Kam-Hansen S.,Beth Israel Deaconess Medical Center | Jakubowski M.,Beth Israel Deaconess Medical Center | Kelley J.M.,Endicott College | Kelley J.M.,Harvard University | And 5 more authors.
Science Translational Medicine | Year: 2014

Information provided to patients is thought to influence placebo and drug effects. In a prospective, withinsubjects, repeated-measures study of 66 subjects with episodic migraine, we investigated how variations in medication labeling modified placebo and drug effects. An initial attack with no treatment served as a control. In six subsequent migraine attacks, each participant received either placebo or Maxalt (10-mg rizatriptan) administered under three information conditions ranging from negative to neutral to positive (told placebo, told Maxalt or placebo, told Maxalt) (N = 459 documented attacks). Treatment order was randomized. Maxalt was superior to placebo for pain relief. When participants were given placebo labeled as (i) placebo, (ii) Maxalt or placebo, and (iii) Maxalt, the placebo effect increased progressively. Maxalt had a similar progressive boost when labeled with these three labels. The efficacies of Maxalt labeled as placebo and placebo labeled as Maxalt were similar. The efficacy of open-label placebo was superior to that of no treatment. Relative to no treatment, the placebo, under each information condition, accounted for more than 50% of the drug effect. Increasing "positive" information incrementally boosted the efficacy of both placebo and medication during migraine attacks. The benefits of placebo persisted even if placebo was honestly described. Whether treatment involves medication or placebo, the information provided to patients and the ritual of pill taking are important components of care.

Kelley J.M.,Harvard University | Kelley J.M.,Endicott College | Kraft-Todd G.,Harvard University | Schapira L.,Harvard University | And 5 more authors.
PLoS ONE | Year: 2014

Objective: To determine whether the patient-clinician relationship has a beneficial effect on either objective or validated subjective healthcare outcomes. Design: Systematic review and meta-analysis. Data Sources: Electronic databases EMBASE and MEDLINE and the reference sections of previous reviews. Eligibility Criteria for Selecting Studies: Included studies were randomized controlled trials (RCTs) in adult patients in which the patient-clinician relationship was systematically manipulated and healthcare outcomes were either objective (e.g., blood pressure) or validated subjective measures (e.g., pain scores). Studies were excluded if the encounter was a routine physical, or a mental health or substance abuse visit; if the outcome was an intermediate outcome such as patient satisfaction or adherence to treatment; if the patient-clinician relationship was manipulated solely by intervening with patients; or if the duration of the clinical encounter was unequal across conditions. Results: Thirteen RCTs met eligibility criteria. Observed effect sizes for the individual studies ranged from d = -.23 to .66. Using a random-effects model, the estimate of the overall effect size was small (d = .11), but statistically significant (p = .02). Conclusions: This systematic review and meta-analysis of RCTs suggests that the patient-clinician relationship has a small, but statistically significant effect on healthcare outcomes. Given that relatively few RCTs met our eligibility criteria, and that the majority of these trials were not specifically designed to test the effect of the patient-clinician relationship on healthcare outcomes, we conclude with a call for more research on this important topic. © 2014 Kelley et al.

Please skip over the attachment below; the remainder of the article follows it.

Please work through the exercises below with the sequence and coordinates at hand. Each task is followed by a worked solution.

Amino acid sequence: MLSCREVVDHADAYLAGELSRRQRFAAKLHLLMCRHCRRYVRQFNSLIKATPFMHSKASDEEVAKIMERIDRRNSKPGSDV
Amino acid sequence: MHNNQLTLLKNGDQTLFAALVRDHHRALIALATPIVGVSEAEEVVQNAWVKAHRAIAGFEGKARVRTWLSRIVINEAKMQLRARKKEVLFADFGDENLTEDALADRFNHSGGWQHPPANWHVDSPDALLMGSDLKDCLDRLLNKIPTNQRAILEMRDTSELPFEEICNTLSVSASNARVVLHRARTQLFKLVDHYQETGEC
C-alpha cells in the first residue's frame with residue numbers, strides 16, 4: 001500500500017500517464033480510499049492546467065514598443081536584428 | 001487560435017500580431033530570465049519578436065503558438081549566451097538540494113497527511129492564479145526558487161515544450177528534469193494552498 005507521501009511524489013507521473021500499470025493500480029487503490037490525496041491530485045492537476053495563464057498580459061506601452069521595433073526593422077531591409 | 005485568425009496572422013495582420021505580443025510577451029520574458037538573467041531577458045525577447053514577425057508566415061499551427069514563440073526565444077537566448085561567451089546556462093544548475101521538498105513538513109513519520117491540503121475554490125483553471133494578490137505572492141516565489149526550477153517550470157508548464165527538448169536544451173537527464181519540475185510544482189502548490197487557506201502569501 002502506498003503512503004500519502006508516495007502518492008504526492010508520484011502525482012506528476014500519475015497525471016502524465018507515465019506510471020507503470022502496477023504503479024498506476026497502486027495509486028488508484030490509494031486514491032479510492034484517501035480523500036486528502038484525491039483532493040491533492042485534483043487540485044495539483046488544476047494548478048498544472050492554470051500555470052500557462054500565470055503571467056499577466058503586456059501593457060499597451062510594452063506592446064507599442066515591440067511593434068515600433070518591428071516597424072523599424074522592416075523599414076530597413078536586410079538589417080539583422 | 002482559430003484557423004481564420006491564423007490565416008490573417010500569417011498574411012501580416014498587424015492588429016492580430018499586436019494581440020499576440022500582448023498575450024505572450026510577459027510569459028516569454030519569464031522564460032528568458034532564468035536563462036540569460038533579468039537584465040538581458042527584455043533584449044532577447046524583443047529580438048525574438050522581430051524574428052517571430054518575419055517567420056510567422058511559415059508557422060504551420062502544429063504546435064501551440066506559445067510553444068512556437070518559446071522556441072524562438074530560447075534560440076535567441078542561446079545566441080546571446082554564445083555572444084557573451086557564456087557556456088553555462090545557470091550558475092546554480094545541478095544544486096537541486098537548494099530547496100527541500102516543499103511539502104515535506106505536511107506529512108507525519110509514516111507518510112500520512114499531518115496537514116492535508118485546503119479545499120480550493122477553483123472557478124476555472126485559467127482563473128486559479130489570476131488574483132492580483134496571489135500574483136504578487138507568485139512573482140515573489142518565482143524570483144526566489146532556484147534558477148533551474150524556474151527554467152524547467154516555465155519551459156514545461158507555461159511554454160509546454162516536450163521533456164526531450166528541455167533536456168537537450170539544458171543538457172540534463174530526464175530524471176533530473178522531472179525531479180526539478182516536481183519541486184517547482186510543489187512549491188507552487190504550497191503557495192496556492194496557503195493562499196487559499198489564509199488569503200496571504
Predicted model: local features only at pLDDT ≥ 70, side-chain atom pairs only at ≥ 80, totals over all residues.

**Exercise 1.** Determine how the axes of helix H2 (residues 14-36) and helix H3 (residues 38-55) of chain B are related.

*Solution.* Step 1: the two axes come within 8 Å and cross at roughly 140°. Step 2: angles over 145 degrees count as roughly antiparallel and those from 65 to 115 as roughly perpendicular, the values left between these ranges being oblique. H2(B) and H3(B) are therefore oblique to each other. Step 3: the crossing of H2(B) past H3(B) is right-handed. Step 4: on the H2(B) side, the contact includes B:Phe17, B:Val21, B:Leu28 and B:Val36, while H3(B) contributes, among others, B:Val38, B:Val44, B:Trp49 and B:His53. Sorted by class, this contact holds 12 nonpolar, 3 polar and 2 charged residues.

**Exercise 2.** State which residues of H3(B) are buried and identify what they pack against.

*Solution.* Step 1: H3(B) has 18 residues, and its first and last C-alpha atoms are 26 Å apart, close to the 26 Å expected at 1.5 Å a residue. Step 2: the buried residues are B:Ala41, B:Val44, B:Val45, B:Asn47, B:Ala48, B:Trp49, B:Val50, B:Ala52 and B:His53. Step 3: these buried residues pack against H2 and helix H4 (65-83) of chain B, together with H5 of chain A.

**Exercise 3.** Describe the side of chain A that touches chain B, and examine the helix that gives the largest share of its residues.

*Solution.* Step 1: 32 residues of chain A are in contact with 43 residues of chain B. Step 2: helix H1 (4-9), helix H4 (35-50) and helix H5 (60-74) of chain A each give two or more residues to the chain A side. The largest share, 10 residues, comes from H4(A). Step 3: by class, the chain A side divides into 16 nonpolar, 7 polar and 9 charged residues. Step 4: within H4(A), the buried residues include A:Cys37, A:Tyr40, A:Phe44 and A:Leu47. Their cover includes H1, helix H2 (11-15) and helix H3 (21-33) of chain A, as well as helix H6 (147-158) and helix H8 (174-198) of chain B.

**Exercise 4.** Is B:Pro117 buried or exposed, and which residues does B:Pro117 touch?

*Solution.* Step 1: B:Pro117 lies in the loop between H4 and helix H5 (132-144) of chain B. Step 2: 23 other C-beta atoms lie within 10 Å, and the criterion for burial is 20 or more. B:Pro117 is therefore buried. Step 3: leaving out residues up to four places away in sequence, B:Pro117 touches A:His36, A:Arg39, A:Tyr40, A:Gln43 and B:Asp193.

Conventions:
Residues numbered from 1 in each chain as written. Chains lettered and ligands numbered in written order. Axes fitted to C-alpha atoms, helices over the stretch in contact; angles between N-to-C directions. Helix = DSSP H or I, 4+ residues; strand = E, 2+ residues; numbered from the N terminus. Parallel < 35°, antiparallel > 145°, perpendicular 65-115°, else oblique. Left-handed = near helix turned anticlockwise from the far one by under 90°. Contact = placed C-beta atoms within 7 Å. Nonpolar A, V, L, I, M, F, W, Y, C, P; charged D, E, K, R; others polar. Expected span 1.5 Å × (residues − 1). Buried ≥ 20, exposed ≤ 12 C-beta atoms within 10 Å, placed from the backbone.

Malone L.A.,Lakeshore Foundation | Barfield J.P.,Endicott College | Brasher J.D.,Lakeshore Foundation
Disability and Health Journal | Year: 2012

Background: Information regarding factors that affect the initial step to exercise behavior change among persons with physical disabilities or chronic health conditions is available in the literature but much less is known regarding perceived benefits and barriers to exercise among those who are regularly active. Objective: The purpose of this study was to examine the perceived benefits and barriers to exercise among persons with physical disabilities or chronic health conditions within action or maintenance stages of exercise. Methods: Participants (n = 152) completed the Exercise Benefits and Barriers Scale (EBBS). For data analyses, disabilities and health conditions were grouped as neuromuscular, orthopedic, cardiovascular/pulmonary, or multiple conditions. Multivariate analysis of variance (MANOVA) was conducted to determine if mean differences on EBBS benefits and barriers scores existed among disability types, between sexes, among age groups, and between physical activity levels. Sum scores were computed to determine the strongest benefit and barrier responses. Results: No significant mean differences in EBBS scores were found between disability types, sexes, age groups, or physical activity levels (p > 0.05). Strongest benefit responses varied by group. Strongest barrier responses were the same for all demographic groups: "Exercise tires me," "Exercise is hard work for me," and "I am fatigued by exercise." Conclusions: EBBS scores were similar across disability/health condition, sex, age, and physical activity level. Primary benefits reported were in the areas of improved physical performance and psychological outlook whereas the primary barriers were in the area of physical exertion. © 2012 Elsevier Inc.